Meanwhile, Nuraan and the team of volunteers are deeply committed, and work started before sunrise to prepare wood fires and food to be ready at 13h00. The documentary illustrated how the food was prepared mindfully with love, with humility, and bringing dignity and compassion to others in the community.

Notwithstanding the participation of this Muslim family in the fasting of the holy period of Ramadan that started on 24 April 2020 and continued for 30 days until Saturday, 23 May 2020 stopped the team to work hard to feed the poor during Lockdown Level 5.

Imagine, Nuraan and her family had to raise before sunrise to pray and eat, and then proceed to feed the hundreds of poor people, while they are busy fasting. In the background of the documentary, it is evident how a delivery vehicle stops at their home delivering fresh vegetables, fruit, bread, and groceries for the food to be served the next day.

When asked about all these operations, Nuraan says with tears in her eyes, “the just shall live by faith”. The deliveries are all kinds of donations by local community businesses.

Further research into the feeding project, reveals that Nuraan and her team are dependent on her eldest son, Sufyaan for the Wi-Fi that he pays from his small salary for his siblings to be able to do school work on the internet and playing games in the house for the rest of his siblings, while their mother and the team feed the poor just outside.

The team also had to ensure strict compliance with Lockdown Regulations to address, prevent and combat the spread of Coronavirus Covid-19. On the fence of their house, red posters are clearly visible to observe social distancing and wear face musks, while young and old collect the warm food during the cold Johannesburg winter.

Daily, the police and South African Defence Force would come around to ensure Lockdown Regulations are adhered to during the feeding, the queues are maintained through social distancing and the food operations are conducted hygienically. The documentary provides further evidence that rubber gloves are used during the preparation and servicing of the food and handing out fruit.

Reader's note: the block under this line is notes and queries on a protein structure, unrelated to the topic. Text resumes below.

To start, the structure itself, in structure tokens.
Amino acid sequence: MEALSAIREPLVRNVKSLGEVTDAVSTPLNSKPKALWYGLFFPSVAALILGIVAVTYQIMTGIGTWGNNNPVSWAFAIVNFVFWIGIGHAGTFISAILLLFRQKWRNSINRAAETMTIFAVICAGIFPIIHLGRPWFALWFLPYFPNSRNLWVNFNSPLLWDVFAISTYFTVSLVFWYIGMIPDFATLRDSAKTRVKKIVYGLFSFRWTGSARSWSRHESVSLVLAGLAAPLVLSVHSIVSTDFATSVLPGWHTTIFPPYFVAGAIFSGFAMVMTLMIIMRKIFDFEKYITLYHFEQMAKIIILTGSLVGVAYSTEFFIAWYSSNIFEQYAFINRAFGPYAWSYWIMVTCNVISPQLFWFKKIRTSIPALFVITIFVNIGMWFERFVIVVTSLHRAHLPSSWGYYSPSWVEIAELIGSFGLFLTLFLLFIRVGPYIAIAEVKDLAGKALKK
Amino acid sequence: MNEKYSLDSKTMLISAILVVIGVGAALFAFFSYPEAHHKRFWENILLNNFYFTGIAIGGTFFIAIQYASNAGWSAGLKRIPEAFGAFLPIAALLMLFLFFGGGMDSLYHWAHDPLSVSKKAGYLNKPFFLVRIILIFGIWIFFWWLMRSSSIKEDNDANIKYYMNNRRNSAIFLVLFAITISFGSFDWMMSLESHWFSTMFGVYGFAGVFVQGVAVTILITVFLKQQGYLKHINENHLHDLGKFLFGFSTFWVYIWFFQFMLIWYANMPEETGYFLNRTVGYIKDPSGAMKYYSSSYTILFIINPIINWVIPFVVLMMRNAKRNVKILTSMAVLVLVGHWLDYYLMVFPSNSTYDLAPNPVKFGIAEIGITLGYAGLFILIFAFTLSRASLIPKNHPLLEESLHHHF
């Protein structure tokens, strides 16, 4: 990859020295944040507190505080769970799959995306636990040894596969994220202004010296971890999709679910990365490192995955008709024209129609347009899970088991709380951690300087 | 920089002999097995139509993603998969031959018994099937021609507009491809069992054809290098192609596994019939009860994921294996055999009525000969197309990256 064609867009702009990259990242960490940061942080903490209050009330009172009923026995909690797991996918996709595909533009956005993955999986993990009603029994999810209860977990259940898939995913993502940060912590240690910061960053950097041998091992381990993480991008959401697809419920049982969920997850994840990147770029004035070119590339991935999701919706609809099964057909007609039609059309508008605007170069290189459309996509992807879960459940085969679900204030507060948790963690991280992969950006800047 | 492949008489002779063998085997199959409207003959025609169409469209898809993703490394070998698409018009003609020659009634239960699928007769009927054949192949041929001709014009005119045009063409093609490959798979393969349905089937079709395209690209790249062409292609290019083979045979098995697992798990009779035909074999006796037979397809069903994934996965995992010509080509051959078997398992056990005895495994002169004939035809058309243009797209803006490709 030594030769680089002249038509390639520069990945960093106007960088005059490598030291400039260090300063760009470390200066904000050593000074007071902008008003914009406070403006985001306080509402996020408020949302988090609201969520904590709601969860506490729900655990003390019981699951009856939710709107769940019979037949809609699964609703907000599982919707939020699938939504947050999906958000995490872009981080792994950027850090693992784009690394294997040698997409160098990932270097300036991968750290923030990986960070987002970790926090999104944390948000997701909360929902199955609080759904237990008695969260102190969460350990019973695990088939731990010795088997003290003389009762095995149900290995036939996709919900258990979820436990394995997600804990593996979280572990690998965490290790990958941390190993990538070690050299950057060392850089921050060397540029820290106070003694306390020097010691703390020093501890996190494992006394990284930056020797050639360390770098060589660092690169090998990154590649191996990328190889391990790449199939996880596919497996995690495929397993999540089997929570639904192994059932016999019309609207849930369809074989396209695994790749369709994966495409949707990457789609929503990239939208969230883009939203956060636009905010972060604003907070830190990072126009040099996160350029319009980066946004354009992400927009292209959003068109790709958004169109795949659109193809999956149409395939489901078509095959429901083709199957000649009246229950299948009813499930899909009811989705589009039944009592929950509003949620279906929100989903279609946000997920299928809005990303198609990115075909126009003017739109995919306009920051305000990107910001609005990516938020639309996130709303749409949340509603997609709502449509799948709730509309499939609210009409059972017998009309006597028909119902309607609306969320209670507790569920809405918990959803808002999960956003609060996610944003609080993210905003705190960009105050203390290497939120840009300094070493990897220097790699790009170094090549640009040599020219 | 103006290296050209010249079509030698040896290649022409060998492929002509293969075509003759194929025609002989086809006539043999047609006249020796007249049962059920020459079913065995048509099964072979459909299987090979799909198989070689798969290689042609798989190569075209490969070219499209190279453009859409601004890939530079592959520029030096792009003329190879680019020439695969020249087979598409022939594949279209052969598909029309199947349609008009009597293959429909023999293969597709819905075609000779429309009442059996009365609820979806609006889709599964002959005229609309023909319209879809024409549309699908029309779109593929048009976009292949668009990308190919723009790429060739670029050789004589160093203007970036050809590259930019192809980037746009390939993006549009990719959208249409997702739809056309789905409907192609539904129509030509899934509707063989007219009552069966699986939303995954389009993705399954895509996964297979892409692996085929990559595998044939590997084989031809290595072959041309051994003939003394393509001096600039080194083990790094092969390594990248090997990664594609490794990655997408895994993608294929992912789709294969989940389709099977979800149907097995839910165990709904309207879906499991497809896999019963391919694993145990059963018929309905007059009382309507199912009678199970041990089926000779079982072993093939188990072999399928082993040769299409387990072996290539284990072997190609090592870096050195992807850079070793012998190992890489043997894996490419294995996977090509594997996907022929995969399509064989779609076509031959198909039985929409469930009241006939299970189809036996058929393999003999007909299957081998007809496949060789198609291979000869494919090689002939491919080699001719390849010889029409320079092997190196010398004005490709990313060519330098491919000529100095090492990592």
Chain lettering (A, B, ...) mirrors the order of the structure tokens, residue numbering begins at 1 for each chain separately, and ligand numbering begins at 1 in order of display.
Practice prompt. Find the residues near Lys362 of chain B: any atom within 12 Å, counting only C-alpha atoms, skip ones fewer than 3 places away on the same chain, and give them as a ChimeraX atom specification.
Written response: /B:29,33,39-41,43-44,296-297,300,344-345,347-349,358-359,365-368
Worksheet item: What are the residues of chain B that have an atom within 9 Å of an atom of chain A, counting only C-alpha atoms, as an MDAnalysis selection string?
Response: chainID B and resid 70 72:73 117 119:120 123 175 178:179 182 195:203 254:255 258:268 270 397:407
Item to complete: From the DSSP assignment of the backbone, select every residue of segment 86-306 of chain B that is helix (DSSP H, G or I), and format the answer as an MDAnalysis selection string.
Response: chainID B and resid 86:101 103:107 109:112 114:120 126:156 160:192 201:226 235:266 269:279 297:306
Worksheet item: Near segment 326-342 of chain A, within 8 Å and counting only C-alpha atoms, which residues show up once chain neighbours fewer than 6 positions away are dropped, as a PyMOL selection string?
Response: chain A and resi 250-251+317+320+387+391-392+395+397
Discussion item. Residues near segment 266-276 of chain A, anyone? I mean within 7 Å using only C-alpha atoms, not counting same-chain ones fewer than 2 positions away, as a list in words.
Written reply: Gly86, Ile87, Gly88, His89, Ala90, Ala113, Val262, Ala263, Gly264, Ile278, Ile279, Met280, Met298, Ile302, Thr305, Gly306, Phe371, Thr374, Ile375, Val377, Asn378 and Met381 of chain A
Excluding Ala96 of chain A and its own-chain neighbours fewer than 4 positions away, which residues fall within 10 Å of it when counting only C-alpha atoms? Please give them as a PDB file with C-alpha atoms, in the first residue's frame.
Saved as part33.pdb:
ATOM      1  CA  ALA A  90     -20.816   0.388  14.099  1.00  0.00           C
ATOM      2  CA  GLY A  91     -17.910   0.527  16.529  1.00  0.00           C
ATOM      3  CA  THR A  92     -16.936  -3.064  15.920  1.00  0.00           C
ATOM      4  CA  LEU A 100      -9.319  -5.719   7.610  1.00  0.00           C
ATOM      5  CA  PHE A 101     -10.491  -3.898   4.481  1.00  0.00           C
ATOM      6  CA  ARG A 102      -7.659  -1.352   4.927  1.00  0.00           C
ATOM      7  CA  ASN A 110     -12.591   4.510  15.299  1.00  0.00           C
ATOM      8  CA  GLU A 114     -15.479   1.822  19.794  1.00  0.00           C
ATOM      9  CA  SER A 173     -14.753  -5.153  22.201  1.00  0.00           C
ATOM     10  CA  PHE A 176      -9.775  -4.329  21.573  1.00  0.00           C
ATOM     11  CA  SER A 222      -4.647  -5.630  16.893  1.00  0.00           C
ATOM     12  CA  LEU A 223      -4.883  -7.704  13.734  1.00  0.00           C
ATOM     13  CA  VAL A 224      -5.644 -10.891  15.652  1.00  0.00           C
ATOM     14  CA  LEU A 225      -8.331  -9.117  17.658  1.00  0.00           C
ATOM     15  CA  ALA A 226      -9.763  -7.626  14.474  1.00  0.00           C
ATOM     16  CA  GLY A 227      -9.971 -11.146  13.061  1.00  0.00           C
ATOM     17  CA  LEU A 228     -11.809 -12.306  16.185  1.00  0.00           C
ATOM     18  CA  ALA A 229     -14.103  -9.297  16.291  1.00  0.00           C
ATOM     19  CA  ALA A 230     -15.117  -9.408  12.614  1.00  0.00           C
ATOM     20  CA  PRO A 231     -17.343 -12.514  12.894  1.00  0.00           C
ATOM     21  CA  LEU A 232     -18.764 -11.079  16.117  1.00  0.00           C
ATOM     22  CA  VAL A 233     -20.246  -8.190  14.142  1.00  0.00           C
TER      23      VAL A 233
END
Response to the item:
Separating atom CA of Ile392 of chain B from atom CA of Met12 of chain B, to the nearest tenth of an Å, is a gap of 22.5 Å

This is where, the Social and Ethics Committees in terms of Section 72 of Company Act, read with Companies Regulation 43 could accomplish their responsibilities to provide sponsorship, donations and charitable giving to the Hunger Has No Religion of Nuraan and others in our poor communities. It is her desire to expand on the project to support other similar projects who are also struggling to get support.

Astonishingly, to observe was the fact that in the beginning the food was cooked with burning wood, it took long hours to prepare when a sponsor stepped in to provide the much-needed innovation to cook with gas which is more efficient and effective. Lessons to be learned includes implementing the Constitutional and NDP principles enshrining providing basic nutrition, social solidarity, and community care, as well as the practicality of social justice and human care.

Nuraan and the team are already planning to celebrate Nelson Mandela Day on 18 July to give food parcels and feed 2000 people. Collaboration and teamwork sustained the feeding scheme, while they practice Hunger Has No Religion, as these women leaders’ campaign against poverty.

Dr Dennis George is the executive chairperson of African Quartz. The views expressed here are his own.